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Here's how it should look on the end: enter image description here

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    \$\begingroup\$ I could make a funny caption for your nice photos but wont \$\endgroup\$ – Tony Stewart Sunnyskyguy EE75 Mar 26 '18 at 21:08
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    \$\begingroup\$ Feel free to do it, if you'd like :D \$\endgroup\$ – Jakey Mar 26 '18 at 21:09
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Other than brazing, arc welding or ultrasonic welding a threaded ring lug will be the easiest reliable method of attachment.

A tapped threaded screw with > 3x surface area more than a smooth surface will engage to achieve a low series resistance in the xx mOhm range.

But why use a "nut" to sense capacitance when sheet metal or aluminum foil or copper clad PCB may work better?

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other info

If the wire is long it will add inductance 6nH/mm appox for 1:10 diameter/length ratio, shielded or twisted pairs will add 100~30pF/m which then results in a resonant frequency. But for short sensor to IC, 30 mOhms contact is practical for a small screw, wide head to interface to a ring lug and crimp or soldered wire.

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  • \$\begingroup\$ Aluminium foil seems fine for debuging but seems improper for something semi-permanent. I could not find a metal sheet. \$\endgroup\$ – Svízel přítula Mar 26 '18 at 19:02
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    \$\begingroup\$ Yes of course, just for testing, Since I don't know what environment or container or what item you are sensing, then a masked copper clad PCB could be appropriate. What qty size? budget? \$\endgroup\$ – Tony Stewart Sunnyskyguy EE75 Mar 26 '18 at 21:06
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May I suggest using flux, scoring the surface with fine grit sand-paper (or nail file) and using a large pistol grip style soldering gun >100watt.

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  • \$\begingroup\$ What's the purpose of scoring please? \$\endgroup\$ – Paul Uszak Mar 25 '18 at 19:35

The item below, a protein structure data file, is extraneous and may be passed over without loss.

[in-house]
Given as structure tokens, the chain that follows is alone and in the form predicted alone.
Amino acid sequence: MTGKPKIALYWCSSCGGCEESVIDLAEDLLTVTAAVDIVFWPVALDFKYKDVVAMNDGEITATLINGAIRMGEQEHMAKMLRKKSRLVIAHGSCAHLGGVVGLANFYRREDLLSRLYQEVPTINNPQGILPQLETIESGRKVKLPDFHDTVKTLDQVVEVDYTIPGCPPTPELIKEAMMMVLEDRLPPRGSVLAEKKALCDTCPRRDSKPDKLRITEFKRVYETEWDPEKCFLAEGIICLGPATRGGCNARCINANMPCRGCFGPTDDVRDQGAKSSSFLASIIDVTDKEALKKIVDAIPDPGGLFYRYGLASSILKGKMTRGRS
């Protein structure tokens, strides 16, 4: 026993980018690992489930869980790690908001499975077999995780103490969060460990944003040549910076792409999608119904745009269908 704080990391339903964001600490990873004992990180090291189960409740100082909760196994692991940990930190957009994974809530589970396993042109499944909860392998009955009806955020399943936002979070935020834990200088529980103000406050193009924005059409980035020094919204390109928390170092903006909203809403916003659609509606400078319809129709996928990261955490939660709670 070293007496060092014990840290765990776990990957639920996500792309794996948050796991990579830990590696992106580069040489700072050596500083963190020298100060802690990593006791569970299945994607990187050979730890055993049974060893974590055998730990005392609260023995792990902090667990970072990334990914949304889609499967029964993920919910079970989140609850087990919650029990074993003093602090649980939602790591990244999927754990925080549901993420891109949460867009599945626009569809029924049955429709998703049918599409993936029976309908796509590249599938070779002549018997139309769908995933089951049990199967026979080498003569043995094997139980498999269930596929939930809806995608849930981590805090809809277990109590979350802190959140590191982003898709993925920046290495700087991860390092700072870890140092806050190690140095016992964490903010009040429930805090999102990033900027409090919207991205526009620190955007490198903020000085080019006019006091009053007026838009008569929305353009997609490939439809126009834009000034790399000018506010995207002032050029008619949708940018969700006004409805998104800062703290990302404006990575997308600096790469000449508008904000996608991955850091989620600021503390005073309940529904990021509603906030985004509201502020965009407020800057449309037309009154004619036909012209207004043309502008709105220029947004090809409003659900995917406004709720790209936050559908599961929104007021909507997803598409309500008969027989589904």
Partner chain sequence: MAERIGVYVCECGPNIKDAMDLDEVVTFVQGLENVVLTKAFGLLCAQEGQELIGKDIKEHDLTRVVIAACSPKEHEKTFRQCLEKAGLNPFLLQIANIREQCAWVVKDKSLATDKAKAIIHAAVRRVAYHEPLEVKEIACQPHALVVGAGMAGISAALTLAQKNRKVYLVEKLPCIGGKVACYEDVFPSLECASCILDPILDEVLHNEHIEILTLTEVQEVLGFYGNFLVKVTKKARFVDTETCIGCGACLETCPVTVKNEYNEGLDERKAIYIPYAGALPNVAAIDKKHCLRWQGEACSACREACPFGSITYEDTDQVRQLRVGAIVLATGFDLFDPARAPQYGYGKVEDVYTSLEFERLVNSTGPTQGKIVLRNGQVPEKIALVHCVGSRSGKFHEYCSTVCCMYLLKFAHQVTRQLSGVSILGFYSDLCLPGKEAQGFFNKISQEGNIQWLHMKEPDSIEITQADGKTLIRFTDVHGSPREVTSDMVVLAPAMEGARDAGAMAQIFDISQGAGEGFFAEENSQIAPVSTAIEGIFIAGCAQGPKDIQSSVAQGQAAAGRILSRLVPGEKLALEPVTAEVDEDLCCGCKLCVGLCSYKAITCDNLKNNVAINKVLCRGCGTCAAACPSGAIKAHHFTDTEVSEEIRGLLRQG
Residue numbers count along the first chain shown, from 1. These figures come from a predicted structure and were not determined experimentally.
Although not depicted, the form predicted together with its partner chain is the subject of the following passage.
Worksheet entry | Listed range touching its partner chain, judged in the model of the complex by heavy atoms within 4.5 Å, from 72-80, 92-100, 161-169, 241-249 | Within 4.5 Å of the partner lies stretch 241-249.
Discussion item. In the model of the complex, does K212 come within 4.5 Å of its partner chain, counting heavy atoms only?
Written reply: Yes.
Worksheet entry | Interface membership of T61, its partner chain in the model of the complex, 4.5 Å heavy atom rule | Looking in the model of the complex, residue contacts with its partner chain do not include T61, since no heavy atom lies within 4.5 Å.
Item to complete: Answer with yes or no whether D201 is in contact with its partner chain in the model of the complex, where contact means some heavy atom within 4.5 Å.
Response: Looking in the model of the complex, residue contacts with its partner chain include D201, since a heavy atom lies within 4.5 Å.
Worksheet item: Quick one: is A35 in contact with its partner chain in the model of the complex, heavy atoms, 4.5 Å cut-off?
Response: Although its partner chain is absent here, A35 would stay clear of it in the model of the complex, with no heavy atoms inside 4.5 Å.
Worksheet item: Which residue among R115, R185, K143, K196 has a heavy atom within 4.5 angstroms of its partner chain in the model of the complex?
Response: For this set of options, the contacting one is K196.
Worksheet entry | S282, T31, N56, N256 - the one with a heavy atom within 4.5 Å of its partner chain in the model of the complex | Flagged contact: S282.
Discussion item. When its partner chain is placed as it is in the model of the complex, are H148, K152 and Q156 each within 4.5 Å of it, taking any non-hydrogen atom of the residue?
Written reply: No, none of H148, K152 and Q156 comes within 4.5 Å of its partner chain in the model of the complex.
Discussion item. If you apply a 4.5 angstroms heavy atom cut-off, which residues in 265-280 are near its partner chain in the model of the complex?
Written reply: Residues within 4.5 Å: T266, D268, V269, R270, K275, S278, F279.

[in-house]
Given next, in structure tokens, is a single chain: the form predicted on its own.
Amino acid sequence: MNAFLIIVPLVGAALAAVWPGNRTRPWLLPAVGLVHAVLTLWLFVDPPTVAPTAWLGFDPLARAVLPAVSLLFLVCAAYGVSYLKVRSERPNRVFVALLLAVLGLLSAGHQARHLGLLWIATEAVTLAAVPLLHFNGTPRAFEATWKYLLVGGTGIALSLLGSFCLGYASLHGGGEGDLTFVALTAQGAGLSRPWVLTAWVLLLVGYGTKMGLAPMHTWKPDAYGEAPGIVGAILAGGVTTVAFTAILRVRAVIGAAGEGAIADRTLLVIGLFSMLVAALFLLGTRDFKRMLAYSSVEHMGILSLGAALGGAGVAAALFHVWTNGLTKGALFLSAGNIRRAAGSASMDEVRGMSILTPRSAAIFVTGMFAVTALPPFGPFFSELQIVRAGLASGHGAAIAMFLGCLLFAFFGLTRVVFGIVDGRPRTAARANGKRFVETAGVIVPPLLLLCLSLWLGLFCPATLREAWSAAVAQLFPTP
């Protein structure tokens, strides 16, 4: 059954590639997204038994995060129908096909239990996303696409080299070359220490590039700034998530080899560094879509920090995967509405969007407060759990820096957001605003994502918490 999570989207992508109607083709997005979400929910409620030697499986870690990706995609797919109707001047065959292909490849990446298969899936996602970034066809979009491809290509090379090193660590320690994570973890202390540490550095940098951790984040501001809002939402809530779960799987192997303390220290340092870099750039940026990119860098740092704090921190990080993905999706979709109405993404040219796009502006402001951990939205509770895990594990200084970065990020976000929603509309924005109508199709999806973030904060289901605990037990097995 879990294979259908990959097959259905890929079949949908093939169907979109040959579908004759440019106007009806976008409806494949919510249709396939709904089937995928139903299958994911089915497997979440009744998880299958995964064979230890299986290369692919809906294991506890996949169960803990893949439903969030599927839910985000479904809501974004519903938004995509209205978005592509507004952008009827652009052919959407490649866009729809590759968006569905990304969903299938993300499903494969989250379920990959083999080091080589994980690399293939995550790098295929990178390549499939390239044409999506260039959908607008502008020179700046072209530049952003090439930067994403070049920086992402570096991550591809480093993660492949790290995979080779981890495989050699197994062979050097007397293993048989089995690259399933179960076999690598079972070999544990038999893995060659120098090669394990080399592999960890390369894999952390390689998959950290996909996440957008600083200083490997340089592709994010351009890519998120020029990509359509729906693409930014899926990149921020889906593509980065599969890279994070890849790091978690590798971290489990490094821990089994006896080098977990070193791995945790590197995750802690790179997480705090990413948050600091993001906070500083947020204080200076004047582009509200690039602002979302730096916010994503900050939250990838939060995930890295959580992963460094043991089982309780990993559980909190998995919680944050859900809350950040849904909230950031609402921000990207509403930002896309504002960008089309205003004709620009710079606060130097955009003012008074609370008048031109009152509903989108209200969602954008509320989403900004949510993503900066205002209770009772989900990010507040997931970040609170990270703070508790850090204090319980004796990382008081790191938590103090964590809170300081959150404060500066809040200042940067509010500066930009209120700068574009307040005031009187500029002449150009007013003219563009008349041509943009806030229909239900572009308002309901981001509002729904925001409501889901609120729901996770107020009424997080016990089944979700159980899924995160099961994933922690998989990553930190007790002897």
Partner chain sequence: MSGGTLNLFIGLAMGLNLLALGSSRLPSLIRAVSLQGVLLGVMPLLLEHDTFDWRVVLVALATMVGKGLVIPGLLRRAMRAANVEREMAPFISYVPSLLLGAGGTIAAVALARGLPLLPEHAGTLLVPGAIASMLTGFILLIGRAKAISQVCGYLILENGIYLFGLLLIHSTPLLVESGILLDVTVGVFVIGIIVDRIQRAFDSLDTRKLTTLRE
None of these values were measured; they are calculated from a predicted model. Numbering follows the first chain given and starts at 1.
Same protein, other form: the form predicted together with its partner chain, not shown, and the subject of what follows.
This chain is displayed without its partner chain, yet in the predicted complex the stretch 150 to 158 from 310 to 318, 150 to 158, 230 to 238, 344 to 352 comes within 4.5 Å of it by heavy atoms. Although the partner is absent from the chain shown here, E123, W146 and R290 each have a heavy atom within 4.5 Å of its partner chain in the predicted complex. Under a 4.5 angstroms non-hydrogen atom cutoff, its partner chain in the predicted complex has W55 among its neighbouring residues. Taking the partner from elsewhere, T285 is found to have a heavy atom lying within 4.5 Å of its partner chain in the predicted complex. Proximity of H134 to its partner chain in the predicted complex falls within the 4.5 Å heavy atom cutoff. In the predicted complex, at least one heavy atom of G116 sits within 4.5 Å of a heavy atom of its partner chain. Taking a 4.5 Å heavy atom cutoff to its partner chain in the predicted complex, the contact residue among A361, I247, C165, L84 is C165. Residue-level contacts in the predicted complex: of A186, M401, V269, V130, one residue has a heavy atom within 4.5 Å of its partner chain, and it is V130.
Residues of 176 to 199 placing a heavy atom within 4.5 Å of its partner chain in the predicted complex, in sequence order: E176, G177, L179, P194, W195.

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    \$\begingroup\$ @PaulUszak, the purpose of "scoring" with a sandpaper is to remove the deep oxide buildup from metal surface and expose bare metal. Even if the surface will be oxidized again in the process, the new thin film will be easily destroyed by active flux and/or soldering iron tip. You are welcome. \$\endgroup\$ – Ale..chenski Mar 25 '18 at 20:44
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Preheat the nut to a temperature close to or at the temperature your solder needs to melt, then solder to it. A blowtorch, a kitchen oven, a heat gun would all work for that. Avoid oxidising/tarnishing the nut more than necessary - your flux will have to work harder. Optionally, tin it (if heated above that melting point), but be careful not to get solder or flux in the threads. Tinning only the spot where you want to attach the pin is another option.

Coating the intended attachment spot with flux before preheating might be a good idea with SOME fluxes (avoid the kitchen oven then, though!). Avoid fluxes not meant for electrical connections. Make sure your nut is not galvanized, not stainless steel, and not actually made out of pot metal - the first can create fumes that make you feel funny when heated, the second will be VERY hard to solder to due to the chromium content, the third will suddenly melt. Be aware that an iron piece heated to 250°C+ will stay hot for a while, and can give you far more unpleasant burns even on short contact than a flame.

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    \$\begingroup\$ Caution is advised. A large nut like this may have special load bearing properties that may be damaged by high temperature treatments. Accidentally annealing a hardened steel nut would have rather unfortunate consequences in some situations. \$\endgroup\$ – Wossname Mar 26 '18 at 10:01
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I had a similar problem bonding a ground wire to my boat trailer. A spot of braze applied with an oxyacetylene welder provided a clean spot where good contact is achieved. Break the rules! Acid flux is ok but wash it off when the brazing is done. No welding torch? Put the nut on the kitchen stove and use a bernzomatic torch on the spot to be brazed. Solder bonds nicely to the brazed spot. If you eat organic vegan gluten-free non-GMO, you will want to wear a hazmat moon suit with a crash helmet and safety glasses when doing this. Good luck with your nuts!

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Your problem definition does not seem optimal. Do you want 1) to solder, or 2) to connect a wire, or 3) to create a capacitive sensor?

For 3) we need more info as to what you want to measure. For 2), 1) does not seem my first choice. Welding might be much simpler than soldering here. With fast welding, you do not need to heat up the entire 5 cm nut. You could, f.e., create a tiny air gap between pin and nut, and create an electric arc, then push the pin against the nut, and turn the current off. Just use a small electric welding transformer.

Even simpler, just put the wire inside the nut and screw the nut with wire on your bolt. For thread of such large size you might have to select a fairly heavy wire for a good squeeze (= contact pressure).